This is from a talk I gave at a teacher training back in 2002. Funny how some things never change!
I’m sure most of you know what I mean by burn out. Burn out comes when you have taken on too much, and you hit the wall. Those things you were once excited about doing just piled up too high, and now you don’t like doing them at all. They are heavy. You are tired. The things themselves haven’t changed. You have.
So what do you do when you are burned out? It could be that you’ve been helping at your kids’ school or homeschooling or volunteering to help in countless ways. The things themselves are good, but there are just too many of them and not enough hours in a day. And once the peas start falling off the plate, you know something’s got to go. Keeping your perspective here will be helpful. Let’s remember that most of these commitments have deadlines and due dates, and then they will be over. That’s reassuring! My husband and I call these crowded times “hunker down times” when we just hunker down and plug on through. Sooner or later we will get through the tunnel and come out on the other side.
Meanwhile, we need to remind ourselves of a few feminine tendencies. One of those tendencies is to fill the vacuum. We see a need, so we move to fill it before considering all that filling it might mean. And once we fill it, we can’t just pull out without leaving someone in the lurch.
We often volunteer or agree to do things before we consider all the consequences. We might feel pressure or even guilt, so we volunteer to do things that we should have thought about for a week before we raised our hand. It sounded like a good idea at the time. We might be the impulsive type, and we make decisions too quickly.
Whatever got us into such a fix, it’s important to get out from under it in a gracious and godly manner. That usually means fulfilling our current obligations and then learning to be more careful. Sometimes husbands or fathers can come to our aid. “I really don’t want you to volunteer to babysit next week.” Ahh. What a nice husband to say such a sweet thing! It also means that we might have to acknowledge that we acted unwisely in taking on too much. Nevertheless, the bottom line is that we must hunker down and keep our promises. If you said you would be a substitute teacher for the term, then don’t back out now. If you said you would make three pies for the potluck, don’t show up with a bag of chips. If you said you would help with the field trip, you just cannot call an hour before and say how sorry you are that you just can’t make it. That is called flaking out.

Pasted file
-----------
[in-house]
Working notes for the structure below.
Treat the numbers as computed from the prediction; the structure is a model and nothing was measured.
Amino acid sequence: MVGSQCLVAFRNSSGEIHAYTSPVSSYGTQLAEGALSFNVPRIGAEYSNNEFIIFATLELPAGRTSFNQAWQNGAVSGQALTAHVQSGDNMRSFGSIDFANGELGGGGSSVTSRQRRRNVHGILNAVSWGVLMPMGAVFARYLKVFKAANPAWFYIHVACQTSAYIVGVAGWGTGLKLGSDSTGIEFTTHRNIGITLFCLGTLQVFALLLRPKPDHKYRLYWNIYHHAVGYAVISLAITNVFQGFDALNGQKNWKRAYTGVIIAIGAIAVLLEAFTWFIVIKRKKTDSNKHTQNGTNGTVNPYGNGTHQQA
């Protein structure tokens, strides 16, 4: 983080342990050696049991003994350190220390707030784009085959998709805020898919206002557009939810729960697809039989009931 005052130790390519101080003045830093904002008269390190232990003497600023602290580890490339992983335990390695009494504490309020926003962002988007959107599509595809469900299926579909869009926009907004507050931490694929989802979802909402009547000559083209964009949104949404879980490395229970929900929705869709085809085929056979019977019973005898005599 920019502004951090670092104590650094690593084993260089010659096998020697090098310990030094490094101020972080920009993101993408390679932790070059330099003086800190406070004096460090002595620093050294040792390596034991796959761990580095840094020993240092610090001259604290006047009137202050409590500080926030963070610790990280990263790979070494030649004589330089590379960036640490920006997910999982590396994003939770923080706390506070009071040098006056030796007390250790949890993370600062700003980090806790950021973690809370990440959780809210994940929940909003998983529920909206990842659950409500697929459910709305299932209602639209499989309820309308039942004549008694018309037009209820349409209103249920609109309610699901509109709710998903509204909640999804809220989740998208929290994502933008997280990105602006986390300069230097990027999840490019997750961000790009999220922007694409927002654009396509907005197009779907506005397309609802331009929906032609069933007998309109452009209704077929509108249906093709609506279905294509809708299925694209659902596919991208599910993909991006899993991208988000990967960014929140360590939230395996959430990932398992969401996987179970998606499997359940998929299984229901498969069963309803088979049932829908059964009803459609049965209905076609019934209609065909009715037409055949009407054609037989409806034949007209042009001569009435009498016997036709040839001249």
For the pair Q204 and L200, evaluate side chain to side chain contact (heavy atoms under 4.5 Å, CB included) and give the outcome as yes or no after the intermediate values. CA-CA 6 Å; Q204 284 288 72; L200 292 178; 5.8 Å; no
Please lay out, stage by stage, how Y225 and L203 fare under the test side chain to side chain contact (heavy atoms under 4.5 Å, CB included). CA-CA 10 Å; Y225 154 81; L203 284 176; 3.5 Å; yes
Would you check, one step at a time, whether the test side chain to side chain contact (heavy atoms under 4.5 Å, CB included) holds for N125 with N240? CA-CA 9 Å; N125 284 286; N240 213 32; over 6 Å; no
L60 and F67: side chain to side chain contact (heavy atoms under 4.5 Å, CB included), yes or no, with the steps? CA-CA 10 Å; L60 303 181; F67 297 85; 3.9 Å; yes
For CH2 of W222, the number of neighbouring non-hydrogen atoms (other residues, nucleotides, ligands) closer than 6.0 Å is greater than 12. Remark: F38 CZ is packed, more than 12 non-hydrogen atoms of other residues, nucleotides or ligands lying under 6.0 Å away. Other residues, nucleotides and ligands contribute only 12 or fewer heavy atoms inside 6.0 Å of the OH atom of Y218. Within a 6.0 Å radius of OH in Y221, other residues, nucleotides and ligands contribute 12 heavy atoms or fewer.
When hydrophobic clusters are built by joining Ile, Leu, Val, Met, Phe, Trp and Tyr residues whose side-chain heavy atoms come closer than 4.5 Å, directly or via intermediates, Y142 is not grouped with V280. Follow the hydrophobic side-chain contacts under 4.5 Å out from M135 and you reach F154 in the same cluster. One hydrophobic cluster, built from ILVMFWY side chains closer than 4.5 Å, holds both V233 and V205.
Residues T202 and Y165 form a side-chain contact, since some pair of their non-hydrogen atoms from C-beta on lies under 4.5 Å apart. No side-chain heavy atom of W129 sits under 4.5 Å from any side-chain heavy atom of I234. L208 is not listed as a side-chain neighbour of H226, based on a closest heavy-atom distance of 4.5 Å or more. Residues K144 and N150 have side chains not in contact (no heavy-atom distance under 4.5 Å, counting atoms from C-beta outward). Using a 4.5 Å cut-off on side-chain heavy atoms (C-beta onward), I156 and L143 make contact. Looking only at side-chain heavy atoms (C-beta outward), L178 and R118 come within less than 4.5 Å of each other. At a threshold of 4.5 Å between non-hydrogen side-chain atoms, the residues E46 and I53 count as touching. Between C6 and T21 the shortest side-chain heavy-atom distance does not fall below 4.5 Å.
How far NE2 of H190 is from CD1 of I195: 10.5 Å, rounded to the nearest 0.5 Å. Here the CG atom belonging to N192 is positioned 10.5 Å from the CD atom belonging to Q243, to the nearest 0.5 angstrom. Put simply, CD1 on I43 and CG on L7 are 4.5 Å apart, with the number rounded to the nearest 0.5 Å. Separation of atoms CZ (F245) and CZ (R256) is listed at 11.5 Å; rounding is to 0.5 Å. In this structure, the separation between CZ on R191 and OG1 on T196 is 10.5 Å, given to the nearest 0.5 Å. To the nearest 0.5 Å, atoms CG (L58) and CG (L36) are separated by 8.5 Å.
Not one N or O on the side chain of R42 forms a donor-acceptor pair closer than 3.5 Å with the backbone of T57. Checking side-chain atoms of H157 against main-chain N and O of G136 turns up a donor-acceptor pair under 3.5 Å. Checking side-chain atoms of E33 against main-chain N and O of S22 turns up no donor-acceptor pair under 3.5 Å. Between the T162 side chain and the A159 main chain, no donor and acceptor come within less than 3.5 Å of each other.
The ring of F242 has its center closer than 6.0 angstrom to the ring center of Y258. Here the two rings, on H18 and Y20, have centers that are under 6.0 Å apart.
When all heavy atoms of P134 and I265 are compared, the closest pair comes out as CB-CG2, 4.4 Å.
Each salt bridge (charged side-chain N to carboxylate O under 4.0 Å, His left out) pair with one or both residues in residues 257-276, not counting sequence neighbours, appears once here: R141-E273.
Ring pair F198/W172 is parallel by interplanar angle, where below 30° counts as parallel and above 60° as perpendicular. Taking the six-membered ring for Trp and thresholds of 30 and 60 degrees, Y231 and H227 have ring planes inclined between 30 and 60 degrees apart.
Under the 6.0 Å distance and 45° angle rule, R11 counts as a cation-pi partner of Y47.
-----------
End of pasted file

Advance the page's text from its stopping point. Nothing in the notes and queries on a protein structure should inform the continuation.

One of the ways we learn to be wise rather than hasty in our commitments is by having to stick to them. Then, after we’ve done what we said we would do, we are in a position to say, “Self, don’t ever say you’ll do that again!”
Burn out sounds pretty bad. Let’s not burn out. It’s not a sin to be tired, but it can be a sin to give up and throw in the towel. Just take a breather and get some rest after you get through it. Then learn your lesson and take your time. Let someone else do it next time!
10 thoughts on “Avoiding Burn Out”
I listened to that talk at the end of the summer. It was awesome and just what I needed to hear! Thanks for this reminder!
I bought this talk from Wordmp3.com several years ago. I most recently listened to it again while preparing for another school year. I have found that my husband has to help me guard my time and commitments. Otherwise, I try to put on the Wonder Woman costume and do it all…not a pretty sight! 😉
Thank you for this. I’ve noticed that there are seasons even in this. There seem to be seasons where my energy, productivity and efficiency are running high and I’m capable of more. Then there are seasons when my frame is weak and I have to pay attention to that and not overload.
I don’t think I have this talk, I’ll have to check. Was this a Veritas Press conference, ACCS or Logos?
Yep, that’s me. I tend to want to throw myself into things headlong without really thinking about whether or not I can do it. Then I crash and my husband is left with an exhausted, depressed wife. So lately he’s been spending some time helping me craft routines (a real weakness of mine) so maybe we can avoid the sprint/crash cycle. It’s no good thinking I can tackle some huge project when all the previous week I’ve been too distracted to even make the bed 🙂
Am feeling that right now, but for me it’s partially my sin of procrastinating that now has me in a “hunker down” mode. My deadline for the biggest commitment is Wednesday, so the end is in sight. It’s only 11:30 AM and I was needing a break already (been up since 5 AM) – hence checking your blog. Thanks for the encouragement to stick with it and keep it in perspective. Now, I need to get back to work!
I’m just glad someone else said they don’t make the bed sometimes! That just made me feel 900 times better.
Steph, you made me laugh!
This talk has been given a couple of times: the first time in 2000 in DC at the ACCS conference, and then I gave another version of it at a Veritas conference, maybe that was 2002.
Thanks, Nancy. I’m going to see if I can find it.
Hey Nancy. I just finished listening to it. I really needed to hear this. My weariness has grown over the last 8-9 months and I’m at a real low right now. This was very encouraging. Geoff listened to part of it with me also and I think we’ll both be discussing how to put into action some of the suggestions you made.
Thank you again for the encouragement.